Phillippa Kabali-Kagwa

https://thebestyouexpo.com/us/wp-content/uploads/2020/07/Untitled-77-540x540.jpg
Phillippa Kabali-Kagwa

I am a facilitator, coach, storyteller, poet and author.  I have lived in various parts of East and Southern Africa, working in the fields of education, learning, leadership and development, on the continent and abroad.

 

A large part of my work has focused on change and leadership development with a special interest in personal leadership. I am skilled at holding spaces for challenging conversations. Drawing on a variety of theories and frameworks, I use creative methodologies, like story, song and metaphor, and coaching to enable deep reflection, leadership learning and to facilitate rich and courageous conversations. I choose to work across sectors – corporate, NGO and Education – because people are at the center of my work.

 

 

Photo cred: Gerald Petersen, Cape Town

Ben Okri says, “Stories are the secret reservoir of values: change the stories individuals and nations live by and tell themselves, and you change the individuals and nations.”

 

Over the last seven years I have focused a large part of my work on story:

  1. the use of story as a tool for learning, reflection and teaching;
  2. the performing of oral stories and poetry – and the hosting of spaces for people to share stories;
  3. writing memoir and poetry.

 

I am developing a methodology that I call Storywell – inspired by work I co-facilitated with Dorian Haarhoff in 2008. It is based on three assumptions:

  1. There is a well of stories that we can draw on to learn, teach, reflect, inspire. We both draw from it and contribute to it.
  2. ii) Stories have the power to make us well (or unwell). It is therefore important to understand the stories we are working with, and to chose stories that make us well.
  • iii) We must learn to tell a story well – only then will it have its true power.

 

At the heart of the methodology is the process of deep listening and observation and a belief that there is no such thing as the voiceless. Only those who are not listened to. Storywork is both intellectual and experiential – we use our mind, all our senses, and our imagination. In working with stories we must have an understanding of intention – why do you want to work with story? What am I going to use the story for? Whose story and why? Why this story in particular? What is the narrative you want to highlight? We explore what makes a story work – the place, the people, the plot, the tension, the resolution. How do you make it come to life, and connect with the audience? And then we also ask, what are the ethics around the use of stories?  Do we have permission to use them? Do we need to protect the protagonist in the story? How do you tell it with respect, authenticity and integrity?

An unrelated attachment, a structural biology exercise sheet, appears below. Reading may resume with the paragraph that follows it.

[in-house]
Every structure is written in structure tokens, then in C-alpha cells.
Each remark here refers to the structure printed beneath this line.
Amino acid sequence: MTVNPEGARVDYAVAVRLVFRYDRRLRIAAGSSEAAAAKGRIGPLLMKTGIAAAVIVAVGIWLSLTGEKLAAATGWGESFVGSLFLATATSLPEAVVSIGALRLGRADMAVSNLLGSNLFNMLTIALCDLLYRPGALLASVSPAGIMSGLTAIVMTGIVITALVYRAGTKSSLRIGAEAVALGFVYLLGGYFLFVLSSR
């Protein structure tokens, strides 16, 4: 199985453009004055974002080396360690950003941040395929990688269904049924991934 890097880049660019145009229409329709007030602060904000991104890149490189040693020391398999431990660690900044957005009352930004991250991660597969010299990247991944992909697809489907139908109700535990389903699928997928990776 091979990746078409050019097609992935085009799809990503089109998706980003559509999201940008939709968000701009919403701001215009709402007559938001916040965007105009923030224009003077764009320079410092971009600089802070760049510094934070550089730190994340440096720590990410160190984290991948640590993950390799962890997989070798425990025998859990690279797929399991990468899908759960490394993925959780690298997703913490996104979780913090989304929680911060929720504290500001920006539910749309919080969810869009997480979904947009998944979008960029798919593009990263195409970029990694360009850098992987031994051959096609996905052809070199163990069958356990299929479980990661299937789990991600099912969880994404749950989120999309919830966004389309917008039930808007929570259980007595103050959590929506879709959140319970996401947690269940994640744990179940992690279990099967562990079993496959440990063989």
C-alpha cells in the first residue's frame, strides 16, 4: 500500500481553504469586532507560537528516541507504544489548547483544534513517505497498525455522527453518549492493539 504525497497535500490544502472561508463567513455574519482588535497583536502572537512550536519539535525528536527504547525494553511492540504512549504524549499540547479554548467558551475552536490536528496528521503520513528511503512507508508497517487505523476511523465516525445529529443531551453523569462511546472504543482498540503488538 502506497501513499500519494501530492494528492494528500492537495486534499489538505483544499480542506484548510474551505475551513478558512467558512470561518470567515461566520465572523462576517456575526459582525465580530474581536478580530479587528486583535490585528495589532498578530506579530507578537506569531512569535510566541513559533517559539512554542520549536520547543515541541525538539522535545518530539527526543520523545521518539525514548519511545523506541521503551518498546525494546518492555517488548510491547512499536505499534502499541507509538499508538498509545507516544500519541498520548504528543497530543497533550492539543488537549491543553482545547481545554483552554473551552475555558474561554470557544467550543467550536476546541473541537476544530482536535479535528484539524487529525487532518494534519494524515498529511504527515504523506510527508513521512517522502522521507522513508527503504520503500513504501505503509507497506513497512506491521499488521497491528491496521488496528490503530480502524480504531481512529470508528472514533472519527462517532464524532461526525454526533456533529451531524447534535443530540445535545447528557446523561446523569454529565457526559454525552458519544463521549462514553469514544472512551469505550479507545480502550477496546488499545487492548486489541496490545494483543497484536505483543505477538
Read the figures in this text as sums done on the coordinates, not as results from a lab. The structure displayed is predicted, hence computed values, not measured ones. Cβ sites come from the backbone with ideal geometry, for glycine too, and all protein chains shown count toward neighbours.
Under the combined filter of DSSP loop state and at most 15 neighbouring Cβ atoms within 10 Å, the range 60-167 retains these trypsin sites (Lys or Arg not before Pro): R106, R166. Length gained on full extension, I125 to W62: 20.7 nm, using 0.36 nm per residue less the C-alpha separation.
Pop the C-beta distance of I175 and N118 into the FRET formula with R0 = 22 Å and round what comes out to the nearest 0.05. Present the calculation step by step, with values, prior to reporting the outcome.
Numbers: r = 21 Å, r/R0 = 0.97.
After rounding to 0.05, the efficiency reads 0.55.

Some examples of projects I have worked on with regard to leadership and activism:

  • 2018/ 2019 I have been working on the Tekano /AFHESA fellowship for activists in health equity. We are using the framework of Ganz – stories of self, of us and of now – to explore the power and use of storytelling in the process; and ways to use story for activism. With some of the fellows we are exploring how to tell the stories of the beneficiaries – who tells; how to tell; what is the intention underneath the desire to tell and so on. And what are the ethics of telling.
  • In various leadership development programmes (e.g. Executive Education, Graduate School of Business, UCT and TEKANO) I have used story frameworks, like the Hero’s journey, as a tool for participants to reflect on their journey in the programme and identify next steps;
  • I have also worked in various contexts using metaphor and archetypes as a tool for personal and collective leadership work. I sometimes use art processes to map out a context/ situation, and then use the archetypes to discuss the situation and draw out insights. This enables participants to make the story/ stories visible.
  • I have worked with organisations, using story to reflect on the growth of the organisation, and to explore how both internal factors, and external factors shaped its trajectory;
  • I have worked with leaders to understand the story that has shaped them and then explored whether it is still relevant, or if it has changed, or needs to change – and then worked accordingly.

 

“My desire is to help people use stories to build the kind of societies we dream of – to re-story our lives; to reflect and pay attention; to language that which we struggle to name and to restore dignity and pride.”

 

Because my work is driven by story:

I am a published poet, and author of 4 children’s books and memoir. My first full-length book, Flame and Song: a memoir, was published by Modjaji Books (Cape Town, South Africa, 2016). The East African edition was published by Sooo Many Stories (Kampala, Uganda, 2017). I also contributed my story, and a chapter on how to tell your story in the Woman Zone book, Being a Woman in Cape Town (2015).

 

I have presented on the power of story at two TEDx events, TEDx Tablemountain and TEDx Prince Albert. I have also performed at the Open Book Festival (2018 and 2019), Nozincwadi Storytelling Festival (Durban, 2018), Story Moja Storytelling Festival (Nairobi, Kenya, 2017), McGregor Poetry Festival (2018and 2019) Franshoek Literary Festival (2017,2018, 2019).

 

I am a co-founder and co-host of The Story Club, Cape Town – a monthly storytelling platform that promotes the art of storytelling, a co-founder of the Balisa Nathi Storytelling Collective. I am a board member of Woman Zone Cape Town and The Life-Righting.

All sessions by Phillippa Kabali-Kagwa
Get Your Ticket Now!
Get Ticket